All about endometriosis: causes, symptoms, and treatments

The question “What is endometriosis?” is searched online millions of times each year. The condition affects an estimated 190 million women worldwide, yet many have not heard of it.

Richard Burney, M.D., director of the UAB Division of Reproductive Endocrinology and Infertility
Richard Burney, M.D., director of the UAB Division of Reproductive Endocrinology and Infertility
Photography: Lexi Coon

Richard Burney, M.D., director of UAB Medicine’s Division of Reproductive Endocrinology and Infertility, shares information on endometriosis, including the causes, symptoms, and treatment options.

What is endometriosis?

The uterus, or womb, is an organ in the pelvis of women where babies are conceived and grow before birth. The tissue that lines the uterus is called the endometrium, and when tissue like this grows in other parts of the body, it’s known as endometriosis. It can develop in many parts of the body, but the most common locations include the lining of the pelvis, ovaries, intestines, and bladder. It also can appear in abdominal incisions from prior surgery, the lungs, and – in rare cases – the brain.

During normal menstrual cycles, the endometrium gets thicker to support a potential pregnancy. If pregnancy does not occur, the endometrial lining is shed via the cervix during the process of menstruation, commonly known as a period. However, studies show that in many women, some of this lining is shed into the pelvis during their period. This is called retrograde menstruation.

Most of this blood and tissue that is shed is cleared by the immune system. But in some women, the tissue implants on surfaces and organs in the pelvis and becomes endometriosis. These endometriosis tissue growths, known as lesions, get worse in response to menstrual cycle hormones and cause pain and scarring in the pelvis.

Who is affected?

Endometriosis is a common condition that affects one in 10 women of reproductive age and as many as one in three women with otherwise unexplained infertility. Endometriosis symptoms start in adolescence for many women, and during the reproductive-age years, symptoms can include extreme pain and/or infertility. The most common form of the disease occurs in the ovaries and is known as endometrioma, and it can make it difficult to get pregnant. Endometriosis is much less common among menopausal women, possibly due to lower estrogen levels in the body.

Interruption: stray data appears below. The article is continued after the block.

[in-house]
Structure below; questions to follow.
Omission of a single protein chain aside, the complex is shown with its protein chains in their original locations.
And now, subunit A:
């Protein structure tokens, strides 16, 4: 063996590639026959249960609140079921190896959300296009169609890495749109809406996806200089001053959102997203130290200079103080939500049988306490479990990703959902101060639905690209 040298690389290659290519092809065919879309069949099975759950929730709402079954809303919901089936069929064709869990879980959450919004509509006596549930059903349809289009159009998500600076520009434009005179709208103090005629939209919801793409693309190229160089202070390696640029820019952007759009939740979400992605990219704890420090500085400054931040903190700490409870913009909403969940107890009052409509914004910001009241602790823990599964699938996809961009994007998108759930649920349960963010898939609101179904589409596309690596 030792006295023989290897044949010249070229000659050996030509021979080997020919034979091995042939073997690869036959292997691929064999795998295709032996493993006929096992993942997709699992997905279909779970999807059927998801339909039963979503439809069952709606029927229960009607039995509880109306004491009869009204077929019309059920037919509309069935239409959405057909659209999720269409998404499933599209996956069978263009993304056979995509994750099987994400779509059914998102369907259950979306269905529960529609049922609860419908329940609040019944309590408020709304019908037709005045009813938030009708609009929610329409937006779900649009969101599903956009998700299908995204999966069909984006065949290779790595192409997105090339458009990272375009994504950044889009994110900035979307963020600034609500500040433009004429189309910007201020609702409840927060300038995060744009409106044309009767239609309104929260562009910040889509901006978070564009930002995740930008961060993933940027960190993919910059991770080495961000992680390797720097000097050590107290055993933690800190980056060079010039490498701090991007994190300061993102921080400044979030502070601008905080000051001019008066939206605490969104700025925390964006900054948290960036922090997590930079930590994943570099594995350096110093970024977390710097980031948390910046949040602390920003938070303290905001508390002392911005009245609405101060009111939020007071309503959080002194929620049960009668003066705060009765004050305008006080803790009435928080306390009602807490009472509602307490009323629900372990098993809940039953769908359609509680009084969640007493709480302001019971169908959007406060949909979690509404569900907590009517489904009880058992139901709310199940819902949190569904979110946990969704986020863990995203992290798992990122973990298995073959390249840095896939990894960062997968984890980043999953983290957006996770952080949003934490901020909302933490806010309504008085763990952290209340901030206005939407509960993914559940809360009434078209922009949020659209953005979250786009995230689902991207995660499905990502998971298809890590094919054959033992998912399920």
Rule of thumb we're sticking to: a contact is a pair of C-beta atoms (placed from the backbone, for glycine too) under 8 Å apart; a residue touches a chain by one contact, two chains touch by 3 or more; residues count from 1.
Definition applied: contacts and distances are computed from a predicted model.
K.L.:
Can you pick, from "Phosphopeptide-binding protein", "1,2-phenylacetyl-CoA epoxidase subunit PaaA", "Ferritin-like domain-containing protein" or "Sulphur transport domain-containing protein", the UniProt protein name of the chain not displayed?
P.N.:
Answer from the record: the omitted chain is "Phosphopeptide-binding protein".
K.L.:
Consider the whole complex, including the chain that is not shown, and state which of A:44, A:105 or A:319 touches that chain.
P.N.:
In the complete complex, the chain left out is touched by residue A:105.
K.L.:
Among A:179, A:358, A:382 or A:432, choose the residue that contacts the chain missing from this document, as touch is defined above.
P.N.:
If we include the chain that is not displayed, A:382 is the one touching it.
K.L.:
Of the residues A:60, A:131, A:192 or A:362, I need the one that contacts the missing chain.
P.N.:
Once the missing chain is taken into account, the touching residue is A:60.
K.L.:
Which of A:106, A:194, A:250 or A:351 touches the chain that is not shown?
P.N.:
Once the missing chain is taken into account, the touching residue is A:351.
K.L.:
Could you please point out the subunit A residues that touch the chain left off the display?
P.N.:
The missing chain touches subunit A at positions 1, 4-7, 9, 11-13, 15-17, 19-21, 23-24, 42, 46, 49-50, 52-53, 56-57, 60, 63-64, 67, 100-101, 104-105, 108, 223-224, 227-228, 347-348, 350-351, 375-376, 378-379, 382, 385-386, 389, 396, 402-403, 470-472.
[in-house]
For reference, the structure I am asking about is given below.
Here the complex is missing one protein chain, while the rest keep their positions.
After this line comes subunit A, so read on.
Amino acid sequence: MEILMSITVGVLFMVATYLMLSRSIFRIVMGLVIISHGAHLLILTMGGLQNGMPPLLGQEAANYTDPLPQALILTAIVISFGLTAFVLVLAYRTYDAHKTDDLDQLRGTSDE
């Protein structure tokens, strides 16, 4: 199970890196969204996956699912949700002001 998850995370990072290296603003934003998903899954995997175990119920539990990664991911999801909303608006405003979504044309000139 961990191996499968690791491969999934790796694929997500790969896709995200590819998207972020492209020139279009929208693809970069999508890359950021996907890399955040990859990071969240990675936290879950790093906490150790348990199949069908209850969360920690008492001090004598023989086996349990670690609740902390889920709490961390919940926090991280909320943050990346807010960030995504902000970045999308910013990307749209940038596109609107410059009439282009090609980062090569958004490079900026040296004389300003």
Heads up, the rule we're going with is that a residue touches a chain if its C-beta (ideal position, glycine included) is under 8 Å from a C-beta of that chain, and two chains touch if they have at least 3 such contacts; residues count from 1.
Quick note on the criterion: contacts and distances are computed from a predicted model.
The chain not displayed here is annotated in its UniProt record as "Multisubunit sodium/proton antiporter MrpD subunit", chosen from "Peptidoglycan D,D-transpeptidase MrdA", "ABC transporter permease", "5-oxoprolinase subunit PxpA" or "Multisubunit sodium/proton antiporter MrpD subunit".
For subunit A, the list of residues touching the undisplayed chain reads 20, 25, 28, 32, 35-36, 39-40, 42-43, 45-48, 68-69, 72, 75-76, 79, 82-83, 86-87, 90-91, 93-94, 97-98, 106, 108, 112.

What are the symptoms?

Endometriosis is a leading cause of chronic pelvic pain, especially before and during menstruation, during intercourse, or during bowel movements. Many women with endometriosis also have lower back pain and headaches at certain times during the menstrual cycle. It is also associated with vaginal spotting for two or more days before the onset of the period, particularly in women who have infertility.

Many adolescents, teens, and young women suffer for years with painful periods. Women with regular menstrual cycles who can’t get pregnant after trying for at least 12 months (or six months for women with irregular menstrual cycles) should see a health care provider, as this could be a sign of endometriosis. 

Are there different forms of endometriosis?

There are three types of endometriosis:

  1. Peritoneal endometriosis – when the lesions develop on the lining of the pelvis
  2. Ovarian endometriosis – when the lesions shed within an ovarian cyst
  3. Deep infiltrating endometriosis – when the lesions develop in deeper layers of tissue or organs

Endometriosis is also described in stages. When the condition is mild, and/or when the lesions occur in the lining of the pelvis only, it is usually called stage 1. More severe cases that affect the ovaries and/or deep tissues are normally classified as stage 4. This staging system does not necessarily relate to pain levels.

How is endometriosis diagnosed?

Diagnosing endometriosis is challenging, because there is no convenient test for it. In many cases, 10 years may pass between the first symptoms and a diagnosis. Laparoscopic surgery – which involves inserting surgical instruments with tiny cameras into the body through small cuts (incisions) – can provide a definite diagnosis and also allows any lesions to be treated.

Endometriosis is often diagnosed based on the patient’s medical history, a pelvic examination, and identifying where the pain occurs. An ultrasound of the pelvic area can help identify ovarian endometriosis, and magnetic resonance imaging (MRI) scans often can detect deep infiltrating endometriosis.

What are the treatment options?

How endometriosis is treated and managed varies depending on the patient’s preferences and how severe her condition is. It often requires input from doctors in multiple medical specialties. For patients who want to become pregnant, laparoscopic surgery and/or fertility treatment are common and proven approaches.

For women who are more interested in controlling the pain caused by endometriosis, a two-step approach is recommended. The first step is treating the disease by destroying the lesions, a process called ablation or excision, that is usually done during a surgical procedure. The second step is helping prevent the condition from coming back by reducing the amount of endometrium that enters the pelvis.

With ovarian endometriosis, fluid-filled cysts known as endometriomas are also referred to as “chocolate cysts”. Women with an endometrioma are urged to have regular examinations, and removing the cysts may be considered if the symptoms are significant.
Click here to learn more about care for endometriosis at UAB Medicine.

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